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thinks that all Cost: of this kind may better be spared, and applied only to the Relief of the Poor, should do well to consider, that this wa* the opinion of the Traytor Judai in a like cafe, , who thought the pretious Oyntment wasted upon the Head of our Blessed Lord, and that the Price of it might have been more usefully bestowed; not that he really cared for the Poor, but because he designed to have made other use of the Money. And I believe someof those who are the backwardest to contribute towards the Beauty and Decency of the Material Houses of God, are none of the forwardest in supplying the Wants'of his Living Temples.
This first Instance of Respect to the House of God, is the more necessary to be mention'd in this Age* because so many of those noble Monuments of the Piety of our Forefathers, in this Nation, are by long tract of time, and too much neglect, come to great decay. Though, blessed be God, there are some publick Spirits left, who think upon their Stones, and are grieved to see them in the Dust, as this Sacred Place where we are now assembled, and divers others will testify. And we have reason to hope,.that the Noble Example of our Gracious Queen, in so freely contributing to supply the Necessities of those ■Avho minister in holy Things, will in time provoke some persons of Ability, generously to give ; their Assistance towards Repairing and Beautify.injj.the Places of their Holy Ministration.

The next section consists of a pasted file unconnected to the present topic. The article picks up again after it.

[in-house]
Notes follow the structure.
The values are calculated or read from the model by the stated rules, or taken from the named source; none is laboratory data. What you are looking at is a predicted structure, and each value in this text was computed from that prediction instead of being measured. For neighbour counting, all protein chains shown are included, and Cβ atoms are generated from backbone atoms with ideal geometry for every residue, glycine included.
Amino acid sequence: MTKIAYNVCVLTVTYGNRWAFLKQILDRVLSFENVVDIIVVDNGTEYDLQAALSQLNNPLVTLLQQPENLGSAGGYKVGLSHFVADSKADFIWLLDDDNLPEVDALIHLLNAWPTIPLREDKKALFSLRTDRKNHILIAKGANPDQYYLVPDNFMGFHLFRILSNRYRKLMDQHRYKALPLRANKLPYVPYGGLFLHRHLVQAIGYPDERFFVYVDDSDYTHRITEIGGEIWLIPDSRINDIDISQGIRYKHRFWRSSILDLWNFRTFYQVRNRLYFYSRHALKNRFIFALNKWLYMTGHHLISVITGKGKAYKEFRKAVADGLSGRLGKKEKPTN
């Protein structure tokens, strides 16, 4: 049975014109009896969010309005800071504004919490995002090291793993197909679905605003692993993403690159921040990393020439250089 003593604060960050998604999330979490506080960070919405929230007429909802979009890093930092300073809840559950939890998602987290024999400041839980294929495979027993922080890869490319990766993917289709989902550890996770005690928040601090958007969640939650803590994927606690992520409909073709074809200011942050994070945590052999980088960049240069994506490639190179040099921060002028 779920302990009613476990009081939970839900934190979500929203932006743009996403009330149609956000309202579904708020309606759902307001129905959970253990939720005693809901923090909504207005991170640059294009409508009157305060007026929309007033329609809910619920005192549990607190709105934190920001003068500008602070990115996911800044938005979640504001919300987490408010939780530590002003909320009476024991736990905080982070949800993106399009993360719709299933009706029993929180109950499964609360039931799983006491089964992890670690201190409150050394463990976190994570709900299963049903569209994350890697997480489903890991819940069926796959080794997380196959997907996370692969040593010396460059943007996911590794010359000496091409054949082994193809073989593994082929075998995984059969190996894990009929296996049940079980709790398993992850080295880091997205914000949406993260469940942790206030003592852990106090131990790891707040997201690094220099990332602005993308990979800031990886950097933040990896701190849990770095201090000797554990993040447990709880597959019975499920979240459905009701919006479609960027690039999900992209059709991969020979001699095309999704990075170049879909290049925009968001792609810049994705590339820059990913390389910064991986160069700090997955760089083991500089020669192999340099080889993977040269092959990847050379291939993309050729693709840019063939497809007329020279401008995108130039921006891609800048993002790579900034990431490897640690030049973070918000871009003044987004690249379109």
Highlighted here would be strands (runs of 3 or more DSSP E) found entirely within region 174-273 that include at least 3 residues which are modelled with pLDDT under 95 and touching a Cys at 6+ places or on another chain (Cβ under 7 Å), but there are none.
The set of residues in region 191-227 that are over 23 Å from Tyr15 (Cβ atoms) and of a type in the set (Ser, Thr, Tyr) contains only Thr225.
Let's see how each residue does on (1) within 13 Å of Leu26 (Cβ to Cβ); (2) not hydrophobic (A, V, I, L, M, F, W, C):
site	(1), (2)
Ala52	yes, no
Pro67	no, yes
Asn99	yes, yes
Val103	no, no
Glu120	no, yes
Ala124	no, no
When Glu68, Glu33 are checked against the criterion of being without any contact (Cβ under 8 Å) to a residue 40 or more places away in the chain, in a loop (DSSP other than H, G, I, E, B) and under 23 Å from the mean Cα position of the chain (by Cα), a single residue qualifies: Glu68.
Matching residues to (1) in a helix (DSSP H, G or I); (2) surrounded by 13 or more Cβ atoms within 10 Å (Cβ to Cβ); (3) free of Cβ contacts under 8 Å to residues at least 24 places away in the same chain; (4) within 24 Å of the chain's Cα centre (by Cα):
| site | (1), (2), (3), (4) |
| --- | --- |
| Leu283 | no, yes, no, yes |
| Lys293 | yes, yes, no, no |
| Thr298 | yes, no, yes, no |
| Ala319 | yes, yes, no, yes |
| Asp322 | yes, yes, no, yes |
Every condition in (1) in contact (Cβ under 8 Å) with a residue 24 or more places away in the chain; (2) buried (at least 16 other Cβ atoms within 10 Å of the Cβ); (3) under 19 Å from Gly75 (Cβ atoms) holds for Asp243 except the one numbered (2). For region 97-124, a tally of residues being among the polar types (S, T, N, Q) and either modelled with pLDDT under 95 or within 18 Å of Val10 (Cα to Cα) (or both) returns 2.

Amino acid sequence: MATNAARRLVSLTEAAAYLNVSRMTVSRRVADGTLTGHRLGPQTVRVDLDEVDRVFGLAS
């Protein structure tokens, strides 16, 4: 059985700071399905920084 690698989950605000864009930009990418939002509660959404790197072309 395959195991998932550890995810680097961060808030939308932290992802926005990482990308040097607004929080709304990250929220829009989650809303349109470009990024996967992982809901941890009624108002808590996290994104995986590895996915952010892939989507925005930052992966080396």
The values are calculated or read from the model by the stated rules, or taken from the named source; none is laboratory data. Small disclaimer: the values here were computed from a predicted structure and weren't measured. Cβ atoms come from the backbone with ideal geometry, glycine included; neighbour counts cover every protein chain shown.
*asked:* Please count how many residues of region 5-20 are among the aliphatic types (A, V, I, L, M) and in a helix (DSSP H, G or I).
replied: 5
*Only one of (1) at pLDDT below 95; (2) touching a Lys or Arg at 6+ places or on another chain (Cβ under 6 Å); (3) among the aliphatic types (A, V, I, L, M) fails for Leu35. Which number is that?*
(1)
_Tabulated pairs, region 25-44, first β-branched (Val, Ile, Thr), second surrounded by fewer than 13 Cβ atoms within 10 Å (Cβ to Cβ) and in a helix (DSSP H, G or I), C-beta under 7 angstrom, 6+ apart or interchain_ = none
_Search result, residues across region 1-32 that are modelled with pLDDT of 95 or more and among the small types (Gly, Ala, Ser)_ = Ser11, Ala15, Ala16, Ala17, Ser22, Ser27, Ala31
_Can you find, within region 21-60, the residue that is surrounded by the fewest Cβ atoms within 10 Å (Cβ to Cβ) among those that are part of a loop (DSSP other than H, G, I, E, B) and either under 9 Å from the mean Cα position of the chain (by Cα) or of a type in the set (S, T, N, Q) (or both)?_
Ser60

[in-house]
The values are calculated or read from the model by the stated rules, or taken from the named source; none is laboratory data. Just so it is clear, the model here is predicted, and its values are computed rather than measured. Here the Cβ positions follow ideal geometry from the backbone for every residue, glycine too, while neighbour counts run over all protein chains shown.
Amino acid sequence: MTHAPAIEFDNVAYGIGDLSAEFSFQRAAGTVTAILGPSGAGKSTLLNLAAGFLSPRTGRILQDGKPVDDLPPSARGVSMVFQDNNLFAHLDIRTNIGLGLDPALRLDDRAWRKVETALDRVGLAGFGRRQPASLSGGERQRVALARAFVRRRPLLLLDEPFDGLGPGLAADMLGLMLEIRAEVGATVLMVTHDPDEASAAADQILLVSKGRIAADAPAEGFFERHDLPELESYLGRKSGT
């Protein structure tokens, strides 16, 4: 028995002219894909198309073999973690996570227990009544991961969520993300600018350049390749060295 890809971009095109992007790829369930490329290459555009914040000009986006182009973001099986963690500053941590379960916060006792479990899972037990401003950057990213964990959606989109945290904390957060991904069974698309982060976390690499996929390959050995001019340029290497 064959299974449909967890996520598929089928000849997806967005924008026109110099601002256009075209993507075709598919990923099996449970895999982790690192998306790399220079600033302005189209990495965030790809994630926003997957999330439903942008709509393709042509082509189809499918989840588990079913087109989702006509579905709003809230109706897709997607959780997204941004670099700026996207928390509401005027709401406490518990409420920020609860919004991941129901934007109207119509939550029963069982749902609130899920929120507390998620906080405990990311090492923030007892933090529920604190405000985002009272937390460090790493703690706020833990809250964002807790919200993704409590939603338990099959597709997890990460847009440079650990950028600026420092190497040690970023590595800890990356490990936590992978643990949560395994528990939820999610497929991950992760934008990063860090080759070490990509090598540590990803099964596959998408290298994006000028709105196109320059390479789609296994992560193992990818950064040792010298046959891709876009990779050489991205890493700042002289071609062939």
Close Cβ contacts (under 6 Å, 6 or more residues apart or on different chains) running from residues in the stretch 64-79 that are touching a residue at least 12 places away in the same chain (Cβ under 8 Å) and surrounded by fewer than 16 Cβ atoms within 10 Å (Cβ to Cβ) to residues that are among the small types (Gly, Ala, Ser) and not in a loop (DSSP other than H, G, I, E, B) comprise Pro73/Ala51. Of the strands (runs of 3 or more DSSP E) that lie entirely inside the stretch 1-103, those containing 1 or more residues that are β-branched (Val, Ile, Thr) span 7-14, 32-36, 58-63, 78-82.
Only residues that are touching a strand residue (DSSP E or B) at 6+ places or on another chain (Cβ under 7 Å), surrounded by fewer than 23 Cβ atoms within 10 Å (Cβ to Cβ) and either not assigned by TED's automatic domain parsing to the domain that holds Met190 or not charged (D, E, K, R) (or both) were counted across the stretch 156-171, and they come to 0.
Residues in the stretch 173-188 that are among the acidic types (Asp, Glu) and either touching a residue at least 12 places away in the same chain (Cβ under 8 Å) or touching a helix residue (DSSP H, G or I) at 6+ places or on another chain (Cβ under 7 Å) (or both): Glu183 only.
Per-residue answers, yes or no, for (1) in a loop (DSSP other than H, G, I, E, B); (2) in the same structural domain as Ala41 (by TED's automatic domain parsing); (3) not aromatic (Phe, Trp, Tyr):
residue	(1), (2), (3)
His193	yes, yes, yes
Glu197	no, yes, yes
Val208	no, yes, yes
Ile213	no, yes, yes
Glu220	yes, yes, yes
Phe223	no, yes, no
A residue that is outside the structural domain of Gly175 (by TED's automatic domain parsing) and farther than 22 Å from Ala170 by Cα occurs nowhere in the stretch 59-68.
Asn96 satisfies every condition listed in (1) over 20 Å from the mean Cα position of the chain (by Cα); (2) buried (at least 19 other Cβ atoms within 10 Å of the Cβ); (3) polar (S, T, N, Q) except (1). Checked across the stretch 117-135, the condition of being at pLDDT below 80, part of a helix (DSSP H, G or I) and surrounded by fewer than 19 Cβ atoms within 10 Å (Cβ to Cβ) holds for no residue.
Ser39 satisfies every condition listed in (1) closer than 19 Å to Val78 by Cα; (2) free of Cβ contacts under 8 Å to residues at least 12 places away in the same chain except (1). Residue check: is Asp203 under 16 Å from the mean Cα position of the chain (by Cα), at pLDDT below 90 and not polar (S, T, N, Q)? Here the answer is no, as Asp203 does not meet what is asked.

2. Another Instance of Respect: to the House of God, is the keeping it from all profane and common Usage, and applying it wholly to the "Worship of God, and the Business of Religion. And for our Authority in this matter, we have one of the greatest Instances of Zeal in our Blessed Saviour that perhaps he ever showed, when he drove the Buyers and Sellers out of theTem- Mar.u.ij.i*. plo, and would not suffer that any Man mould carry any Vessel through it. Which Action was the more remarkable, because ( as Learned Men observe) the place, which he would not suffer to be thus profaned, was the Court of the Gentiles? which the Jews accounted less Holy than that where they themselves Worships, and therefore thought that they might put it to a more profane use} because they reckoned all Nations, beside themselves, profane: But our Blessed Saviour plainly reproves this opinion out of the Prophet, saying, It is written, My house Jhallisii. f6.7. be called an house of prayer for all Nations, but ye have made it a ken of thieves. And from hence it will plainly appear, that no Houses of Prayer, or Places of Religious Worship, ought to be profaned or look't upon as Common places, but as Houses of God.